“Don’t expect the U.S. to ease off on the anti-corruption message” – Romanian foreign policy chief

Sursa: INQUAM/George Călin

The arrival of a new U.S. Ambassador to Romania has led to speculation_ and even hope_ by some that Washington will ease off on its appeal to Romanian authorities to crack down on endemic corruption.

But a foreign policy chief explains that the anti-graft message from the U.S., whether it’s from President Donald Trump, the State Department or American politicians, will continue as before due to strategic concerns.

“Whoever expects the anti-corruption message to disappear from the U.S. arsenal, doesn’t understand that it’s a question of security, not a matter of values or people” Dan Dungaciu told universul.net.

Dungaciu, who chairs the Institute for Political Science and International Relations, which is part of the Romanian Academy, explained that the U.S. considers “a corrupt space is a vulnerable space.”

He said the U.S.’s strategic goal was to secure the area it was interested in. As long as according to the American doctrine we are back with a geopolitical battle between the great powers, it is clear that they want to know where they are ‘putting their feet’ and corruption is a factor,” he told universul.net.

“If a region is corrupt, you cannot rely on it. Someone will come along with more money and change your strategy. Corruption is a question of security.”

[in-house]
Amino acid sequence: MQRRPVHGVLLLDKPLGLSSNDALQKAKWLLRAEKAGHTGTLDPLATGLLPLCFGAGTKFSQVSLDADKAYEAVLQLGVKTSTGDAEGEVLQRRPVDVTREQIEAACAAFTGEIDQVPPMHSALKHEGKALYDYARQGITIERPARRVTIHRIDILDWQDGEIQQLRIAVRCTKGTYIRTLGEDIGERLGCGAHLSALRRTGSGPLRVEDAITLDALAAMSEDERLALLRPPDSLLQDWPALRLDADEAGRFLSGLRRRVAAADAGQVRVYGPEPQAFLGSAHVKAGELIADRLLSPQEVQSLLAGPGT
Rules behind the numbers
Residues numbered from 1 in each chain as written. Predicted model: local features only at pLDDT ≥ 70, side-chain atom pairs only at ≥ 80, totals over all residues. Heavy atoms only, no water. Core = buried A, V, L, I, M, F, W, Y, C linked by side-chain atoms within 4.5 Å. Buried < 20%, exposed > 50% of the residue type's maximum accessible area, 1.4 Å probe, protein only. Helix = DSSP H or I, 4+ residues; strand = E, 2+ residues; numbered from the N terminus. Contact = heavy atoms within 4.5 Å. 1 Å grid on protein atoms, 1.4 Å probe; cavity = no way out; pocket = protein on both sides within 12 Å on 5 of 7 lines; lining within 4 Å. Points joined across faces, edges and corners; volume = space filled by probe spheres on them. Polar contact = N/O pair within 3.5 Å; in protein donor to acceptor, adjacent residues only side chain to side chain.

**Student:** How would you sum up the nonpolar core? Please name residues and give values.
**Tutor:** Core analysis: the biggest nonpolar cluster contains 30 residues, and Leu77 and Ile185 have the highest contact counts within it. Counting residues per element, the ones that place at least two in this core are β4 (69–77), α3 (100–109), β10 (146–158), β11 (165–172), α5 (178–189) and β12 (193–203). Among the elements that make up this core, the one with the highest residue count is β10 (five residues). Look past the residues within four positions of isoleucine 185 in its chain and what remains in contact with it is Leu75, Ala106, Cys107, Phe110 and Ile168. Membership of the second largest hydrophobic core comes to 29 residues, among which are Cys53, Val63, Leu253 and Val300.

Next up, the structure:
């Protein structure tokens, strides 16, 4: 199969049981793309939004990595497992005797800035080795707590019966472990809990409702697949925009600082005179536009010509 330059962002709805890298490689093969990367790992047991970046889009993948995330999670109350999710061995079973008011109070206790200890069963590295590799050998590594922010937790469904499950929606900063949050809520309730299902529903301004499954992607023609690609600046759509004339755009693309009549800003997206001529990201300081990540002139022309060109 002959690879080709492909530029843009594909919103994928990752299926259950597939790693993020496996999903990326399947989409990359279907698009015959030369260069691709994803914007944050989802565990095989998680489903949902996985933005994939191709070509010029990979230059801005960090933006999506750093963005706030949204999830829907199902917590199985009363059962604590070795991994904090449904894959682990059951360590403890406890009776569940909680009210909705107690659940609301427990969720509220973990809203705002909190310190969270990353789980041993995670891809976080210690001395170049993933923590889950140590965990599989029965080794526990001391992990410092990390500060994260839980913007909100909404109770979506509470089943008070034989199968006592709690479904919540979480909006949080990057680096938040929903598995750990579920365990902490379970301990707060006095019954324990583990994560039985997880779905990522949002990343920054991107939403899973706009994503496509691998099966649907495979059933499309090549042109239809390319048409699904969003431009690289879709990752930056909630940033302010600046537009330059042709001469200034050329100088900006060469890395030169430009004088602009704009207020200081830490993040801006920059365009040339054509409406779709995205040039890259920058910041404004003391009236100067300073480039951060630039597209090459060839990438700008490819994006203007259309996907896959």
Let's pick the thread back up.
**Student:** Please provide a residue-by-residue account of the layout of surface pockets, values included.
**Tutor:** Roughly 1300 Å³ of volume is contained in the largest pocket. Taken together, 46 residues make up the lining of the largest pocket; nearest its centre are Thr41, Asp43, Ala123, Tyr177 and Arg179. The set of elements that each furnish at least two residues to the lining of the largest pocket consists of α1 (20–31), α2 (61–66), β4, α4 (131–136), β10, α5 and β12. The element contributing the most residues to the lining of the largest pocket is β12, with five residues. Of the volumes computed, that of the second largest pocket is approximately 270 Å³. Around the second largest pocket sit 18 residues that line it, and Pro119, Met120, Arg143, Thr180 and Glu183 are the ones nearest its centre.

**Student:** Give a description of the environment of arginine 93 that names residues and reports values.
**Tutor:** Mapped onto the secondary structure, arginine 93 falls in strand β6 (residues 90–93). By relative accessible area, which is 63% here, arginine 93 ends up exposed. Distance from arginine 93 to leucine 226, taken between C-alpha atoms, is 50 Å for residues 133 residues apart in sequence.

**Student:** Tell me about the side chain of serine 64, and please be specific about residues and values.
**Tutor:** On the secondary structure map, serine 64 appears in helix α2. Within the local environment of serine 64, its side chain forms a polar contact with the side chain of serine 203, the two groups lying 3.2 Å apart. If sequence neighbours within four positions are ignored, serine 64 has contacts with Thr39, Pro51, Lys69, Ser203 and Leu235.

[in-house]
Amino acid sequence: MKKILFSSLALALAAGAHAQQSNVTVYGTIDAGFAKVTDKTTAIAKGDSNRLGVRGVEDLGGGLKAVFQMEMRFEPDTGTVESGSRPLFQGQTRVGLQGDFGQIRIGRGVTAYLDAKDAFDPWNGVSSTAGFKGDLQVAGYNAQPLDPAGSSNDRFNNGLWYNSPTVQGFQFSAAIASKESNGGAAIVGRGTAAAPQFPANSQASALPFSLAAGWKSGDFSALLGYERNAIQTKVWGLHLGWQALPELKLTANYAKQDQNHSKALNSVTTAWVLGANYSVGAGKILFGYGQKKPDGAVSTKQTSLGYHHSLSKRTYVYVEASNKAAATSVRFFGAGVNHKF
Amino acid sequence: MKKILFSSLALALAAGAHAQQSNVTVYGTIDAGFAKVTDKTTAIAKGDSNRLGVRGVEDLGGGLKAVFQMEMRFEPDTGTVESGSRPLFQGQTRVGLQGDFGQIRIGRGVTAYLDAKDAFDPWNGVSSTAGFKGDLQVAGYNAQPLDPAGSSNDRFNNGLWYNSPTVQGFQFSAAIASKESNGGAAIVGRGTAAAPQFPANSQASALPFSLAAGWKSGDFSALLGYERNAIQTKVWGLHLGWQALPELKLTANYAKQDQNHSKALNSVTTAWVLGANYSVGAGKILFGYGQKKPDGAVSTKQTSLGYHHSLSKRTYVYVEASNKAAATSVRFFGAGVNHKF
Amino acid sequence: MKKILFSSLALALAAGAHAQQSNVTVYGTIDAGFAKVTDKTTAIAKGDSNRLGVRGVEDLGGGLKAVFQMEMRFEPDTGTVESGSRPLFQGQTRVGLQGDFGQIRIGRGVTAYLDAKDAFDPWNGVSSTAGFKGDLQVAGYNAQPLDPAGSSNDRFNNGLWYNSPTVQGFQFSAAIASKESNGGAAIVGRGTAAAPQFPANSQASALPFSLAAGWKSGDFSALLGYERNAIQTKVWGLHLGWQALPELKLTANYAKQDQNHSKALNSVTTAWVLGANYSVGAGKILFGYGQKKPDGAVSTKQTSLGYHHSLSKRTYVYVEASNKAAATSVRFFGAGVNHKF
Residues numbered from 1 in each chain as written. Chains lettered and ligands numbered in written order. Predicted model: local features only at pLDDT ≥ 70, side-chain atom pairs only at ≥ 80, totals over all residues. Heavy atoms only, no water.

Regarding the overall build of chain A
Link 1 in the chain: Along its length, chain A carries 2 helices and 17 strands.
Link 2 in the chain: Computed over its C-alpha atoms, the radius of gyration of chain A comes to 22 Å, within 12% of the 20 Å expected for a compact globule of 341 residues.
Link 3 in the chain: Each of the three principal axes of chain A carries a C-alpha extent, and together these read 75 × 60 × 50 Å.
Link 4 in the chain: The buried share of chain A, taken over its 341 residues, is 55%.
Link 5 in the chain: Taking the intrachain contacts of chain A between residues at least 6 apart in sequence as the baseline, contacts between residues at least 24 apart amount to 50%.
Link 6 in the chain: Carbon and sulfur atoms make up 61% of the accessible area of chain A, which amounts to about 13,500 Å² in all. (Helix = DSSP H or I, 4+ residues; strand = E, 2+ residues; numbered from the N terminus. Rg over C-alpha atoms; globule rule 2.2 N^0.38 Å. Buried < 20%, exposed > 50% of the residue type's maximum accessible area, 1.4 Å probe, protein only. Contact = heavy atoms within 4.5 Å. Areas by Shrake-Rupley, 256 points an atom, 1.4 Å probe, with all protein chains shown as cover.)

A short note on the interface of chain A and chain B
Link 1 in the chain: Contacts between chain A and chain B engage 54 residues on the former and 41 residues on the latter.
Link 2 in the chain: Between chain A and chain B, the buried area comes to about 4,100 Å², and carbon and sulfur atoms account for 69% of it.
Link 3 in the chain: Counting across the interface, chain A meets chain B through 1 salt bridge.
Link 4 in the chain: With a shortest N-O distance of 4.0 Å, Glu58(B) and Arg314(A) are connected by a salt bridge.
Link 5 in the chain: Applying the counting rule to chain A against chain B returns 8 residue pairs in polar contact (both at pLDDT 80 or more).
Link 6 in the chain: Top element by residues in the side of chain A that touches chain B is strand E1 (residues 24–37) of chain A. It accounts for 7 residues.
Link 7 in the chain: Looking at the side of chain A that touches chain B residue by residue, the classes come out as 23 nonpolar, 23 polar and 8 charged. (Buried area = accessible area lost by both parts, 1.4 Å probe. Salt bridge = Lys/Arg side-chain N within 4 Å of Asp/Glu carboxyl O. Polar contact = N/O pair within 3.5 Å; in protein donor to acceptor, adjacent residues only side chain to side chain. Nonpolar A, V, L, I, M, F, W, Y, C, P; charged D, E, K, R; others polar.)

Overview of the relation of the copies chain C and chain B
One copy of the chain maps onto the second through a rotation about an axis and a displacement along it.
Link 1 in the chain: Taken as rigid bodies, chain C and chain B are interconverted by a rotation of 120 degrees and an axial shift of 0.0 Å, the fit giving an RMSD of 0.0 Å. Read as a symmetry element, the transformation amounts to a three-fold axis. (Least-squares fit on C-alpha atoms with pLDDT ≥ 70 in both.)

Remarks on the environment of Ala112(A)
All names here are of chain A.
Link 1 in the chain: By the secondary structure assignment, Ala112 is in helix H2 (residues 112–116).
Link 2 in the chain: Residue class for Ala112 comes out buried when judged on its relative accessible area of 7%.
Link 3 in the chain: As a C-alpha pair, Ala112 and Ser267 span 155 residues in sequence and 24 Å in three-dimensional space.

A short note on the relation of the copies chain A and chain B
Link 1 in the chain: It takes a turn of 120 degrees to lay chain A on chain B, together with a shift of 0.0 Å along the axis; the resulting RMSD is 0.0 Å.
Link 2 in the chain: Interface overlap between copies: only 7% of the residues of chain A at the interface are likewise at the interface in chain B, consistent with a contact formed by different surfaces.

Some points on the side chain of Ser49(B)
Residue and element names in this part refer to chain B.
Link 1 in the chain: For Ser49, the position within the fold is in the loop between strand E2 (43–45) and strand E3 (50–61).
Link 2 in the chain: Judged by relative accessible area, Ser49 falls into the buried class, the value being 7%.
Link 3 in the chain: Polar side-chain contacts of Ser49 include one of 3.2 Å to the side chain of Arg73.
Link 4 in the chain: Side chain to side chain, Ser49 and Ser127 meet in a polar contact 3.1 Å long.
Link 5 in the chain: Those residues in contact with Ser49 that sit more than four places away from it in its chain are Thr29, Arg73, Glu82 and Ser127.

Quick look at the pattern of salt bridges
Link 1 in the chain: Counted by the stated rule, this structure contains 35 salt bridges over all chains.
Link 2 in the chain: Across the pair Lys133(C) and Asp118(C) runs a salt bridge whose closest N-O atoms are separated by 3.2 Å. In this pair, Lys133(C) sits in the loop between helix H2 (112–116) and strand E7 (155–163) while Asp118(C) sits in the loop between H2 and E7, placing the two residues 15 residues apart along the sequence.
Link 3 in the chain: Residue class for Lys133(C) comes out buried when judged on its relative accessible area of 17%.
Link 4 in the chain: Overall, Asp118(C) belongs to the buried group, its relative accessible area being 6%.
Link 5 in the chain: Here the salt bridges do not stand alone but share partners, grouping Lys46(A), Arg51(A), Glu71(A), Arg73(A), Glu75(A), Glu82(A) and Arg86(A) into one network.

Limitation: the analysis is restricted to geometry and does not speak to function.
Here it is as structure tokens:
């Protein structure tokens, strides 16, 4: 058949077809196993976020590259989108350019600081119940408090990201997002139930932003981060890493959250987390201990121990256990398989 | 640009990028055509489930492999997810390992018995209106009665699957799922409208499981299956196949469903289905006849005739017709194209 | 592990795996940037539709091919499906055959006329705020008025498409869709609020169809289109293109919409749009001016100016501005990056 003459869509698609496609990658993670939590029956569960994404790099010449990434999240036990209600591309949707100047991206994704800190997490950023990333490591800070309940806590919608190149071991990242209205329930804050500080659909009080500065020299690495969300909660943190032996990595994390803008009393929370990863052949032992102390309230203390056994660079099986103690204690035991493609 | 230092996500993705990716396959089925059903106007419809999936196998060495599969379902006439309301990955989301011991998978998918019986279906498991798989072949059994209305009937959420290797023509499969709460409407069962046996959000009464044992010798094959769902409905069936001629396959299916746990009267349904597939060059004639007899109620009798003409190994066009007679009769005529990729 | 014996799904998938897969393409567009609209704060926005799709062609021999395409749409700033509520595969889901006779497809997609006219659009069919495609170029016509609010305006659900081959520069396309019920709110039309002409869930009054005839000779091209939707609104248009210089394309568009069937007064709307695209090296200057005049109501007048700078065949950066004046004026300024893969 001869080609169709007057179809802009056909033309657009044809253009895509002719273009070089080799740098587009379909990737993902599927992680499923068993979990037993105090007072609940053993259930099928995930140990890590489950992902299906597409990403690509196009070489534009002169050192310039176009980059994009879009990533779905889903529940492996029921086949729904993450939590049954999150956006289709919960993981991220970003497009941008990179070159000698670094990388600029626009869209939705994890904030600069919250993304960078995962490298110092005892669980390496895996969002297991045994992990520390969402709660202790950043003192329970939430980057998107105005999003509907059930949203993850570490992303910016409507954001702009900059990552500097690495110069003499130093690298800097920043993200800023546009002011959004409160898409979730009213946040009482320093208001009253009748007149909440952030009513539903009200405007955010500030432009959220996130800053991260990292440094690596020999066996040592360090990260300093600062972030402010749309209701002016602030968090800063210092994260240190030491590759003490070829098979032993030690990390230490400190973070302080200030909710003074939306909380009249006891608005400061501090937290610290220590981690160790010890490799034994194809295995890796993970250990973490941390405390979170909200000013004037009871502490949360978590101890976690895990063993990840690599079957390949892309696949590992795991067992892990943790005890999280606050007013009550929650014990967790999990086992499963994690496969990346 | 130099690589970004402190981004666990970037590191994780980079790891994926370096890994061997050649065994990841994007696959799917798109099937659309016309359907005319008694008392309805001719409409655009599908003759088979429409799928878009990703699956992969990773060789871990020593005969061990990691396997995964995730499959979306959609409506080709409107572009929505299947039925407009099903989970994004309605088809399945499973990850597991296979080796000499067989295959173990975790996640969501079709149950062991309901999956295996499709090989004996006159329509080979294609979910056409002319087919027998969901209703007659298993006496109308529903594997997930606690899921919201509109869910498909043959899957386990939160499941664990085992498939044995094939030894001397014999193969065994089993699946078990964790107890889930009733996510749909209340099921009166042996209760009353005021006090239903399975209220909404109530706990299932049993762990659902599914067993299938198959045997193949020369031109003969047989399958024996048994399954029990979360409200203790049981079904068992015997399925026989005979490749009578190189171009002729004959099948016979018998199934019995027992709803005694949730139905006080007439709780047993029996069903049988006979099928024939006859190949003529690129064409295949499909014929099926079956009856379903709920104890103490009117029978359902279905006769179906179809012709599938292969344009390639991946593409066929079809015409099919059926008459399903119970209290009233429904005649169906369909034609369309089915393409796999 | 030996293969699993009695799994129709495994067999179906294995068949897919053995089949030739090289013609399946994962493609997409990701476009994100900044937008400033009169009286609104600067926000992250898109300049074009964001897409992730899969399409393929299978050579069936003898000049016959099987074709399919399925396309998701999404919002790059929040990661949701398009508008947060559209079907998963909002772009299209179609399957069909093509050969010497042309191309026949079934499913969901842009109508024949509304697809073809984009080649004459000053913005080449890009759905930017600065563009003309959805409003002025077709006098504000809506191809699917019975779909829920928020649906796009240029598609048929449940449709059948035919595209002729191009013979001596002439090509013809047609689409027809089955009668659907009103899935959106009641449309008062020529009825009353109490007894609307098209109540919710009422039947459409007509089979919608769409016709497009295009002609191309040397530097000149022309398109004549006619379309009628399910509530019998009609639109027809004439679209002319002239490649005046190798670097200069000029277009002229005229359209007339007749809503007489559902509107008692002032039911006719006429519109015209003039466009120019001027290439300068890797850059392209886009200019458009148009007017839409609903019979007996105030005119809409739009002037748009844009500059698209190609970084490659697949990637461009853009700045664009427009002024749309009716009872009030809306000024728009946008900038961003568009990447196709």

Romania has a strategic partnership with the U.S. and the country is one of the most pro-U.S. in the region. The U.S and the EU have regularly urged Romania to fight high-level corruption, a source of irritation for some politicians and public figures who say the country is unfairly singled out.

Some speculated that the new ambassador Adrian Zuckerman would be more lenient due to his Romanian roots. He pledged to continue the U.S. anti-graft message in his testimony to the Senate in June.

In dealing with Washington, Dungaciu said Romania should consider “what advantages can you bring your American partner which others in the region can’t bring? That’s important.”

He predicted that relations with the U.S. would become more pragmatic than previously when “it was in the Euroatlantic context, when Romania was a partner of America by virtue that it was a member of NATO and the European Union.”

He said it was better for Romania when the U.S. and the EU had the same message, “We have a very simple foreign policy and security message. We look at what they say, and we say the same thing.”

“But when Washington and Brussels no longer speak the same, and differing messages are coming from Brussels, the situation gets complicated,” he said.

“In this context, we cannot take the relationship with America.”

Zuckerman, is a Romanian-born real estate lawyer from New York City who speaks fluent Romanian.

At his Senate hearing prior to his appointment, he said he wanted to repay American hospitality by advancing U.S. interests in Romania.

He pledged to “offer continued support for Romania’s noteworthy anti-corruption efforts,” in a June testimony.

“Fighting corruption and support[ing] judicial independence are vital to Romania’s long-term prosperity and security.”


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